The idea is that small incremental costs toward energy efficiency in the beginning of the tenant build-out, when companies move into new office space or remodel after renewing a lease, will mean bigger savings on that investment over time as the tenants see lower energy bills. The pilots helped capture what the process can look like, building tools and replicable protocols and showing that companies can achieve a 30 to 50 percent energy savings over what is required in most building energy codes, with a 3-5 year payback and an annual internal rate of return (IRR) of 25 percent.

We are excited to see ULI bringing this work to scale, which is where things get even more exciting. The 10 pilot projects saved the companies $3.5 million and demonstrated that when incorporated into the “business as usual” commercial leasing process, it is not a burden to make energy efficiency improvements, but rather a boon. Transforming commercial buildings from the inside out can help us make incremental but important changes to our national building stock and help cities across the country tackle their biggest source of emissions.

Because the energy used to heat, cool, and power buildings can contribute as much as 50-80 percent of greenhouse gas emissions in cities, NRDC is committed to scaling energy improvements in buildings. We continue do so through our City Energy Project in partnership with the Institute for Market Transformation, where we work with cities to help them with locally tailored approaches to saving energy in big buildings and with becoming leaders in sustainability.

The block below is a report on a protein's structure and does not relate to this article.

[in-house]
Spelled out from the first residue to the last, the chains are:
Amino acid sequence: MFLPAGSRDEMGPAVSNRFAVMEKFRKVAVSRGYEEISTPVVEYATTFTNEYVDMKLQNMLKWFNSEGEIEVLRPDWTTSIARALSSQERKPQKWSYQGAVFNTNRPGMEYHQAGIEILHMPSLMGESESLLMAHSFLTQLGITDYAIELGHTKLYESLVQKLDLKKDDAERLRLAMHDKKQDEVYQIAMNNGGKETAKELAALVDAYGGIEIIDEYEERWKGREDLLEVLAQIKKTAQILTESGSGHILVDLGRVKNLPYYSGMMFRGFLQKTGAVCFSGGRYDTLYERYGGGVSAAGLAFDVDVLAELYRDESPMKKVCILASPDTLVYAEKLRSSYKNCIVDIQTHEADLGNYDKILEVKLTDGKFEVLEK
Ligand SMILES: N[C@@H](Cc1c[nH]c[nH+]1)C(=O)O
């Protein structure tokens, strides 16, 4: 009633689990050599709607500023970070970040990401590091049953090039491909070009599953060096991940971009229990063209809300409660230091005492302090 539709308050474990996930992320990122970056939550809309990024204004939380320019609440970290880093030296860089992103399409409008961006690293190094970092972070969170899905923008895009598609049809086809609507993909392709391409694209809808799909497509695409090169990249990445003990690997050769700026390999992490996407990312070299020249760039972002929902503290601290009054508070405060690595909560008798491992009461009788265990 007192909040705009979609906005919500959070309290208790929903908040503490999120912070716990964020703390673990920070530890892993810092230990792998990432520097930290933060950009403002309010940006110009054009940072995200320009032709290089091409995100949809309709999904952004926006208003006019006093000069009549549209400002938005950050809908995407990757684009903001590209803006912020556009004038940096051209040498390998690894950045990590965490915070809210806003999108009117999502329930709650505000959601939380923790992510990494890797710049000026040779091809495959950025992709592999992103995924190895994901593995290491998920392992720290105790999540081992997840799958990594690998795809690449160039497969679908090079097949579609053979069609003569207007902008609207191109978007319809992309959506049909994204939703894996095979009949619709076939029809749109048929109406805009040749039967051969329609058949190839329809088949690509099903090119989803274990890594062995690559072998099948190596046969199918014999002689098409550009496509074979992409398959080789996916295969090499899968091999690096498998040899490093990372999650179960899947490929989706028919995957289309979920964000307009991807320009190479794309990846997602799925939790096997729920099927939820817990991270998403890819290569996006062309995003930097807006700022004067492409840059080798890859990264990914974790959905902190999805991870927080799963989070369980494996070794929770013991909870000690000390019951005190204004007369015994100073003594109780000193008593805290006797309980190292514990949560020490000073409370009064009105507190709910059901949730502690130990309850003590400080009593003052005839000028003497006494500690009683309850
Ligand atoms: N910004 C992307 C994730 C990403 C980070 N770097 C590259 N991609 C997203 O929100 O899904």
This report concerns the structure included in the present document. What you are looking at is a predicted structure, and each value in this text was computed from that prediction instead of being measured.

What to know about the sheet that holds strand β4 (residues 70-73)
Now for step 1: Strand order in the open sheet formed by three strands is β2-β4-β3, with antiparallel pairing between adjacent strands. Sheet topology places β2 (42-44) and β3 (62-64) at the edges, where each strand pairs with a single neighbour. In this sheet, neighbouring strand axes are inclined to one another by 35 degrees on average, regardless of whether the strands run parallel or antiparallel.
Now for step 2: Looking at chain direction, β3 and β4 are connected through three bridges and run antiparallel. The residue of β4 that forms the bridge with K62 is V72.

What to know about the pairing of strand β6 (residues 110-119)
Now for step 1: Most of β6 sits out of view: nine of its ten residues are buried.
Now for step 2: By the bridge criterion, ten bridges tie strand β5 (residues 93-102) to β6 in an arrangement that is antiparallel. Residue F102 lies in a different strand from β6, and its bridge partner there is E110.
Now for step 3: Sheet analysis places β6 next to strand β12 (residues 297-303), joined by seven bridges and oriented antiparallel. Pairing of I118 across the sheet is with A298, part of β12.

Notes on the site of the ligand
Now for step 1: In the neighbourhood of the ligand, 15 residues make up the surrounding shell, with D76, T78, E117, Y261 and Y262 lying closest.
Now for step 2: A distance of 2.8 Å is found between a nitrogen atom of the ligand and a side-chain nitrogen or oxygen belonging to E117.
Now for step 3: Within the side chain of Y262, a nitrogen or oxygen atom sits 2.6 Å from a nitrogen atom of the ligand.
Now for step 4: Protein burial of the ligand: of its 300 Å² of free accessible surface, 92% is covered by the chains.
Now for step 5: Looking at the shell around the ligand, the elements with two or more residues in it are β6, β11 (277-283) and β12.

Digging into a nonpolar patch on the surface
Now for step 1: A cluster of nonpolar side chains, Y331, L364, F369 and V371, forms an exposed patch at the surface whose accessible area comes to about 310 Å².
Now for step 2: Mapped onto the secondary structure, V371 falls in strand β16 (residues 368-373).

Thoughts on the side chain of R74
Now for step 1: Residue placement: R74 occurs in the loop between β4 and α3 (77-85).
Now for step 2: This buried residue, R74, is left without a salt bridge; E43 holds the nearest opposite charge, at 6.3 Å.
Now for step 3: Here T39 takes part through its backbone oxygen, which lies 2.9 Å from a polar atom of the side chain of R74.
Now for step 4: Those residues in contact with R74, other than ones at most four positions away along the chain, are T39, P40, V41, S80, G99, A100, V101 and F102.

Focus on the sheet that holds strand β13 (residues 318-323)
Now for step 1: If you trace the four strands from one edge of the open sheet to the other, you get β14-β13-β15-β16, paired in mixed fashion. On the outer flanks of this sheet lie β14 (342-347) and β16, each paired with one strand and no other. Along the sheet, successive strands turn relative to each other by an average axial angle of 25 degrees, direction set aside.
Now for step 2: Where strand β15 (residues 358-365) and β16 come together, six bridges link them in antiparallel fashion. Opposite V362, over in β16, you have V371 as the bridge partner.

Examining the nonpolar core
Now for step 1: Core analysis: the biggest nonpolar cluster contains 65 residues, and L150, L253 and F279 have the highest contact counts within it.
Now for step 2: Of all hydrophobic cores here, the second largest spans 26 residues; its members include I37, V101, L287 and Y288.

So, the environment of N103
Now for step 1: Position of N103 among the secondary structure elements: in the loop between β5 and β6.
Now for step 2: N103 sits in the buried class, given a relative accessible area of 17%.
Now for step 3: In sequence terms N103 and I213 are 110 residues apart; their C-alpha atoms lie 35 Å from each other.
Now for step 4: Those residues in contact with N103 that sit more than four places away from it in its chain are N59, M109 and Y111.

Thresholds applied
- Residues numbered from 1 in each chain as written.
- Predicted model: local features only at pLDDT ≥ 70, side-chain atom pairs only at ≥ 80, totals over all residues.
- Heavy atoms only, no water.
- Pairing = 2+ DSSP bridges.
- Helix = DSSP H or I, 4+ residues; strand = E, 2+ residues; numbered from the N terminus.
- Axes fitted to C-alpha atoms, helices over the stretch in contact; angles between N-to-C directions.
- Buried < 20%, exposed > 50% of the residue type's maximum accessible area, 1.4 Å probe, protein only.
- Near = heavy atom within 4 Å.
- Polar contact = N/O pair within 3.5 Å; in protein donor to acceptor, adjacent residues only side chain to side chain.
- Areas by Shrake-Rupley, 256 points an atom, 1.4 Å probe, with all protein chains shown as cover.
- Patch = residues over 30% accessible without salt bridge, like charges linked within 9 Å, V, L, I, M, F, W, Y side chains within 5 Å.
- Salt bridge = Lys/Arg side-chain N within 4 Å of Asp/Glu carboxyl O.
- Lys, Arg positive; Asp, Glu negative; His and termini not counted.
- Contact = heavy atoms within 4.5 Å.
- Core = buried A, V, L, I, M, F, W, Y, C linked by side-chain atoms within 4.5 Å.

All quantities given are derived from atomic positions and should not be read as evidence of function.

Recognizing the ongoing progress in CEP's first 10 cities, its funders reinvested in the project with a new round of funding announced at COP21 in Paris a year ago, reinforcing that saving energy in big buildings is a key step in getting to the goals set in Paris and recently adopted worldwide. This funding will help the project expand to reach even more cities and building owners, as well as tenants.

Durable change happens when the most environmentally preferable and economically sound decisions are the easiest, leading to a new, sustainable business-as-usual. That’s what improving energy efficiency in some of our biggest energy wasters—large buildings—accomplishes.

The work fits, too, with a growing industry emphasis on corporate responsibility.

In 2011, just 20 percent of Fortune 500 businesses published sustainability reports. Last year, it was 81 percent. There is more of a corporate and business focus on sustainability because it makes business sense. And this is one of those solutions that is good for business and good for the environment.

Because tenant spaces are such a big part of the equation, the ULI Tenant Energy Optimization Program will be a useful tool in helping cities achieve their energy savings goals by providing businesses with a proven strategy for achieving cost-effective energy savings. We are thrilled to see the Tenant Energy Optimization Program continuing to make it easier for companies to prioritize high performance office space as the best solution for their business.

About the Authors

Yerina Mugica

Senior Director, Resilient Communities, Healthy People & Thriving Communities Program

Lauren Zullo

Director of Partnerships and Strategic Planning, City Energy Project